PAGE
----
Today, on March 1, 1872 (Philippines):
Spanish Governor-General José Basco y Vargas, a naval officer of the Spanish navy and served as the 53rd governor of the Philippines under the Spanish Empire, formally organized the Tobacco Monopoly in the Philippines. With the Tobacco industry, the Spanish were able to raise money for the defense against Muslim fighters in the south.
Some claim he also made the colony independent, by freeing it from the control of Mexico (then Kingdom of New Spain); and is remembered by the Philippine province of Batanes (named after him).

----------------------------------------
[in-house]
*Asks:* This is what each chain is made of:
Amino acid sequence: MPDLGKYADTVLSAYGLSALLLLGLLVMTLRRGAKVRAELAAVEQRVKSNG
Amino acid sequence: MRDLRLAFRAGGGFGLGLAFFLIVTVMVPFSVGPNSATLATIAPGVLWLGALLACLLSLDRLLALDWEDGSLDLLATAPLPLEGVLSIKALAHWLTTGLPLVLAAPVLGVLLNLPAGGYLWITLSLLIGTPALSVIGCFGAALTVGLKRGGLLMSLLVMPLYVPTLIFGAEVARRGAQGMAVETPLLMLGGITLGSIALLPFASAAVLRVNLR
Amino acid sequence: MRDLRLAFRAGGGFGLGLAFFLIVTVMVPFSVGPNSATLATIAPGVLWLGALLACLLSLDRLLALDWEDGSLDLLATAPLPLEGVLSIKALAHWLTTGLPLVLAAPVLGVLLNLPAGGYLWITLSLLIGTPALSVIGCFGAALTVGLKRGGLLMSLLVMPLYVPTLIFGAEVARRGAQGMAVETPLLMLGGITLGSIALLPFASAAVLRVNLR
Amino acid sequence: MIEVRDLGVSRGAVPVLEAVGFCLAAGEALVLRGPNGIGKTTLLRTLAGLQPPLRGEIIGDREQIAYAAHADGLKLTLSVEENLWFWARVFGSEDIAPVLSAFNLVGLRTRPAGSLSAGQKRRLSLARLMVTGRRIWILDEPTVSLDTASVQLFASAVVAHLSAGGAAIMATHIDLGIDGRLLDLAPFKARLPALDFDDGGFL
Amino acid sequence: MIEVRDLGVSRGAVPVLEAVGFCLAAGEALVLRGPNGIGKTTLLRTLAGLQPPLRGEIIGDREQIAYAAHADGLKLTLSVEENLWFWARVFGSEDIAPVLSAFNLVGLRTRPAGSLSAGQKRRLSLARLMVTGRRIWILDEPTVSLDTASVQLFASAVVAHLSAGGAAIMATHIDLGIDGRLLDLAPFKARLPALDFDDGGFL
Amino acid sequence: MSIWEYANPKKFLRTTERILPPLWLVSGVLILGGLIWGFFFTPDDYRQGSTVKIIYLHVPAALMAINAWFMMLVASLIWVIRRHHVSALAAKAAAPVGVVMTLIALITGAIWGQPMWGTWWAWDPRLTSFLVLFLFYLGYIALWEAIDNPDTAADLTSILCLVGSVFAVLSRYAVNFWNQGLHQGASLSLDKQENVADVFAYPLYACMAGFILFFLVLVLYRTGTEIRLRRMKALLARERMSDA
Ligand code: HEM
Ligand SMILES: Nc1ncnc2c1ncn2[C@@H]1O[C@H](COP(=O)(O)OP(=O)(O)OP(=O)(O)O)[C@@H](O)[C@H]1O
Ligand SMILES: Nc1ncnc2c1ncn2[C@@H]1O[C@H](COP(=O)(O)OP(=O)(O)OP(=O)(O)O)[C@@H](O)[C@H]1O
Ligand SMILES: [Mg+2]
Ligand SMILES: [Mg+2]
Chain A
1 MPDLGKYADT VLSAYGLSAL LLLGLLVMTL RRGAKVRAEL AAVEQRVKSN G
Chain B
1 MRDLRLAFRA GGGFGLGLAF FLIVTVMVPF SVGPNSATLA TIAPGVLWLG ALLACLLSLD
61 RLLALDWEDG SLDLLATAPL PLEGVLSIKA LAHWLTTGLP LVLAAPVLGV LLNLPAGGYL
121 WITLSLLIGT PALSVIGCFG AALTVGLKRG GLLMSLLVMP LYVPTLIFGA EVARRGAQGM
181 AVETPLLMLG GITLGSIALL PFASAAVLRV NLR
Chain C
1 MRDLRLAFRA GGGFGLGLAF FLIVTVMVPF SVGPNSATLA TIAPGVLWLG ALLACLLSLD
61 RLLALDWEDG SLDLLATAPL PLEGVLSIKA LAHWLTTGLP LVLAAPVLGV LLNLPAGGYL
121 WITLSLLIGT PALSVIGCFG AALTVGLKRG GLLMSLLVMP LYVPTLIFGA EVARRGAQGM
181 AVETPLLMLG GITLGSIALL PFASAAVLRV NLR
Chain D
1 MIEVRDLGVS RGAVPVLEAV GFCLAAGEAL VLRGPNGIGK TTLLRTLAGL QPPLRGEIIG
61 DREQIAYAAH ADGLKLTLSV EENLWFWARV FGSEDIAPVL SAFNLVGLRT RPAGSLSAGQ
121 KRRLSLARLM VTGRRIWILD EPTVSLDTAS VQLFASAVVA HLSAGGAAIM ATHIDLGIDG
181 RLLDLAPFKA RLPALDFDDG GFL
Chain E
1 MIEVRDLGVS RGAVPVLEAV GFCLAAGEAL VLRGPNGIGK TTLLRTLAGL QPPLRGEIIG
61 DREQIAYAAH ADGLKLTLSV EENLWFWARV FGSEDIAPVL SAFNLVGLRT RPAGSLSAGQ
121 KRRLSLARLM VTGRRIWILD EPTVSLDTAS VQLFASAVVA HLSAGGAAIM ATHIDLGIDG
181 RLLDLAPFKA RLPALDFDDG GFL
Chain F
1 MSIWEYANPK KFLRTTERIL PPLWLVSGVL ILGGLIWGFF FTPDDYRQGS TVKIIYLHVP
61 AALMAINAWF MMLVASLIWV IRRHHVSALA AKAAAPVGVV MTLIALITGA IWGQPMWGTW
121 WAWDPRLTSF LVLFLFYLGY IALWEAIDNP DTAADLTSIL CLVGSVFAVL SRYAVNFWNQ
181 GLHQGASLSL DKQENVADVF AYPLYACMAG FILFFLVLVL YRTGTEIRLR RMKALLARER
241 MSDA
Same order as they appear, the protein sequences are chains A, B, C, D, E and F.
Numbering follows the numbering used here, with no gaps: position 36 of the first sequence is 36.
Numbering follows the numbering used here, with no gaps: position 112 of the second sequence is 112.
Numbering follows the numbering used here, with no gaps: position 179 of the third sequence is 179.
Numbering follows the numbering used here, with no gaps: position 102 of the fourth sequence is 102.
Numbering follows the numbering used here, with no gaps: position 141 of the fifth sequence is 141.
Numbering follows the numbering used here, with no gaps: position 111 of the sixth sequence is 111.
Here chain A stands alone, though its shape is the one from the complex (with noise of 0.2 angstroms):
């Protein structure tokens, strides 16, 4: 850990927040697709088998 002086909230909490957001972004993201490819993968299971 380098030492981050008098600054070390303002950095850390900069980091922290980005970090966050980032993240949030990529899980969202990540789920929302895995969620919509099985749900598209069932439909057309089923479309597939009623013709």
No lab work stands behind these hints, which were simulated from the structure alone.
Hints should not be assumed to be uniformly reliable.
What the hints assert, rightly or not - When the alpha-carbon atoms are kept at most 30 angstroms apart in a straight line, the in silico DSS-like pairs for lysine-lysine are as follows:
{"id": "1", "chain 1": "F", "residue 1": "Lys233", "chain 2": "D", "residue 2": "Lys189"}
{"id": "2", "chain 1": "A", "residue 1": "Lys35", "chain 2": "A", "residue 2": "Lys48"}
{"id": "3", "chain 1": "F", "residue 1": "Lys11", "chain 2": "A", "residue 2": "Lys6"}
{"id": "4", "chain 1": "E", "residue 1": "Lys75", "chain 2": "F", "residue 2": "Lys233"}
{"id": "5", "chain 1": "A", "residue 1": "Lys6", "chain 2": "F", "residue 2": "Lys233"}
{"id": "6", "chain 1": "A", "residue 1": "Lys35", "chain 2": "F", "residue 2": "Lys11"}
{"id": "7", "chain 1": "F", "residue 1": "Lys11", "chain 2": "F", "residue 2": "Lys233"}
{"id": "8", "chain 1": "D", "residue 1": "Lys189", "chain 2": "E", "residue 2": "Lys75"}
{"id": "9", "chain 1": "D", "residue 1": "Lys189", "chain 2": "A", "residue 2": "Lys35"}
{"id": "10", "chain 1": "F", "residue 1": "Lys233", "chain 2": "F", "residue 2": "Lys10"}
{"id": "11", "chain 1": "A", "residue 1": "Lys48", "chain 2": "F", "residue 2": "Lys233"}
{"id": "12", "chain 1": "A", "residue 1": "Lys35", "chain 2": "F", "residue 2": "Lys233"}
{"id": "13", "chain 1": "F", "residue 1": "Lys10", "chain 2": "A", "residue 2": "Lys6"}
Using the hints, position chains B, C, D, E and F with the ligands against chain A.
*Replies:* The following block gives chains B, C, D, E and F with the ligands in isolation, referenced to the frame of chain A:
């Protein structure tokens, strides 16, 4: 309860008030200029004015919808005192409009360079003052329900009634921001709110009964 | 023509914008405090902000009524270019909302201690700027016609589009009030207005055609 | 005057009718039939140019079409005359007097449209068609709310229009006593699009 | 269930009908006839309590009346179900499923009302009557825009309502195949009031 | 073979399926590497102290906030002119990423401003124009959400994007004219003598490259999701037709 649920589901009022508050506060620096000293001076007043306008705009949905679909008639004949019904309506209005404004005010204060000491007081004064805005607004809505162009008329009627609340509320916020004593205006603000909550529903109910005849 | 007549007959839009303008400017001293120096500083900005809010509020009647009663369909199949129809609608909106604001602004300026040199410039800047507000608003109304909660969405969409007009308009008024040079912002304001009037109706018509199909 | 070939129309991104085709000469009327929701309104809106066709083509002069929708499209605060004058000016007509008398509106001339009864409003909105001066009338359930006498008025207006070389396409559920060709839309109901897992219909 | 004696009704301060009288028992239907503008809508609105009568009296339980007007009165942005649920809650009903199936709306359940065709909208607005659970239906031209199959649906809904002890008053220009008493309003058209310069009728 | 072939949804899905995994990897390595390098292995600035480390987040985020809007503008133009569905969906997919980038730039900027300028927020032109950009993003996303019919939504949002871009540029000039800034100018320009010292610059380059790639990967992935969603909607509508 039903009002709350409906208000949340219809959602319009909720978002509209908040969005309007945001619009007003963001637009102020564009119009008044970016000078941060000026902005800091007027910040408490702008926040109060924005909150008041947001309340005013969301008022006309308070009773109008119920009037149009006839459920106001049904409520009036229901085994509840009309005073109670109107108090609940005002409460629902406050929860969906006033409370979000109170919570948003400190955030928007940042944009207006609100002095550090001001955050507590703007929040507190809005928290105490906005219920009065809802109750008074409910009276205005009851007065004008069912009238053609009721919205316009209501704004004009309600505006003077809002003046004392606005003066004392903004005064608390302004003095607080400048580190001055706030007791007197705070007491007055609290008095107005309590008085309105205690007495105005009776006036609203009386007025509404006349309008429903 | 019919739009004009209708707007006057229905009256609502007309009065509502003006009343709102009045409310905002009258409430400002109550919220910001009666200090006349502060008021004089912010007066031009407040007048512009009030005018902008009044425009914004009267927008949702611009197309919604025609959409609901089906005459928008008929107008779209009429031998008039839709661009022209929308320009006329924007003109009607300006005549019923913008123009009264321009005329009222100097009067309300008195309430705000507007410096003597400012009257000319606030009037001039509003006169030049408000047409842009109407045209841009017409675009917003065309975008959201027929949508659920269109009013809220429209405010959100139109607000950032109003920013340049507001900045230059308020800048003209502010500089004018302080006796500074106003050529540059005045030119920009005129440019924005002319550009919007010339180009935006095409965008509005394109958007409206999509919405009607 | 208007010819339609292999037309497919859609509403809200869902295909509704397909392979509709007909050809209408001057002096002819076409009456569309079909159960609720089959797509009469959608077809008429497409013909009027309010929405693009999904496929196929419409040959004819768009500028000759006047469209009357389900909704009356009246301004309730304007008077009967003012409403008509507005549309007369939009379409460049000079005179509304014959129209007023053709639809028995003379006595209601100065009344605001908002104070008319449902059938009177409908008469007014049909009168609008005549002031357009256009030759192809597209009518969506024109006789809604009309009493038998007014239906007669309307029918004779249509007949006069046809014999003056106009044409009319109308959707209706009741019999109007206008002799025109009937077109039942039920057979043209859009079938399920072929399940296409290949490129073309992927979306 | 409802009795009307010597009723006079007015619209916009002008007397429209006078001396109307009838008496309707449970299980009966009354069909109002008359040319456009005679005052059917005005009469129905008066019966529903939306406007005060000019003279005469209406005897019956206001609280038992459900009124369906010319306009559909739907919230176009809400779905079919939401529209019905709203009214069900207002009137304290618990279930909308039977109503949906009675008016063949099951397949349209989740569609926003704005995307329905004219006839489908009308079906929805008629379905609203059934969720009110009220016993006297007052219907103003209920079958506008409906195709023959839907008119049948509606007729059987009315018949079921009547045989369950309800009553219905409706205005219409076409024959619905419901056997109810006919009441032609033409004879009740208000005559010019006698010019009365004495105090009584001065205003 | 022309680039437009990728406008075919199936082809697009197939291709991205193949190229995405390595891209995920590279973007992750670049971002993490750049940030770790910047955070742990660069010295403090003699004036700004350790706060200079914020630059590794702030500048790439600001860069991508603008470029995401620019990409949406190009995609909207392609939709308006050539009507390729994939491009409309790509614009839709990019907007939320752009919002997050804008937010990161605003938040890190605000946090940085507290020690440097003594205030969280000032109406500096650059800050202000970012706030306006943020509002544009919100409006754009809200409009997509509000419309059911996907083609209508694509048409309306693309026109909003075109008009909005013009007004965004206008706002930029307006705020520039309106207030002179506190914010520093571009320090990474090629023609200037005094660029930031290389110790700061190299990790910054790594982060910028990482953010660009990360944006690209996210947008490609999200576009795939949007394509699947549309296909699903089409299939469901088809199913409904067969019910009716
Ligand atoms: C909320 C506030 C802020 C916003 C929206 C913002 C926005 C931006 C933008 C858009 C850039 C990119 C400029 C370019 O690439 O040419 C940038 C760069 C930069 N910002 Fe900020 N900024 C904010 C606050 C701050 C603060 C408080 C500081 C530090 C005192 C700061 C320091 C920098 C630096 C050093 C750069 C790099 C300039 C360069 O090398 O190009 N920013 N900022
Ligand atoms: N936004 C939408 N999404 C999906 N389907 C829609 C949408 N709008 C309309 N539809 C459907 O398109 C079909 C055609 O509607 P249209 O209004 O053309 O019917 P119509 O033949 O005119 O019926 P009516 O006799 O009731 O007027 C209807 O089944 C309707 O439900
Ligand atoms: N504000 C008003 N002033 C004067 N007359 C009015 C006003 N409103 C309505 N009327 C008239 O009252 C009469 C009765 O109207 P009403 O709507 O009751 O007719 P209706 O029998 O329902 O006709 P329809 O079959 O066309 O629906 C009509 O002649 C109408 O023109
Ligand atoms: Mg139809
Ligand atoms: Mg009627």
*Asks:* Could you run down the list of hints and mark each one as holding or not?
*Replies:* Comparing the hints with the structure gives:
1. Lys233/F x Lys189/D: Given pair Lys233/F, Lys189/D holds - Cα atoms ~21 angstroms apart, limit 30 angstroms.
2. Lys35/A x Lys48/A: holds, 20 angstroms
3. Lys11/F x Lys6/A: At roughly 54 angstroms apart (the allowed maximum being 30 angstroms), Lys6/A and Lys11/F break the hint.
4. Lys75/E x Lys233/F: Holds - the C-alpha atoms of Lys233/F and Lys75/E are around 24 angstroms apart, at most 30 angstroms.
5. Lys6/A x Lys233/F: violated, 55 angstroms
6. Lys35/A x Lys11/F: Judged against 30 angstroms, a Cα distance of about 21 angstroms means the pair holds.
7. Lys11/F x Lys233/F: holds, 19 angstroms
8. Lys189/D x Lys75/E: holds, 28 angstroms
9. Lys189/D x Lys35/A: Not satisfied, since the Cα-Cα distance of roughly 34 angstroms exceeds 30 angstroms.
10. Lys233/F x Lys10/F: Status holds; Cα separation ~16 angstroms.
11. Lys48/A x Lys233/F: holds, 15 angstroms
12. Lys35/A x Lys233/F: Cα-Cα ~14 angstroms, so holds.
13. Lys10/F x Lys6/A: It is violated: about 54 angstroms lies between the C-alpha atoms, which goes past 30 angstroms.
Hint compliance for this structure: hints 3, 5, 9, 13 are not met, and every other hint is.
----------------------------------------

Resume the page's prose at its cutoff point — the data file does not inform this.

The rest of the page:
Many people throughout Manila and eight provinces of Luzon (Tondo, Cavite, Bantangas, Tayabas, Laguna, Pampanga, Bataan and Bulacan) were exploited to become tobacco farmers and continually abused as the Spanish exacted crops and gave payment. On top of that, there were corruption issues with tax collectors that worsened relations between the Philippines and the Spanish. The Spanish also resorted to using religious pretexts, as well as obedience to the crown as reasons to give physical punishment towards those Filipinos who were not complying with the Spaniards’ orders and regulations. The industry was finally abolished in 1882; however, tobacco farming was still practiced by those who wanted to use it for personal consumption.
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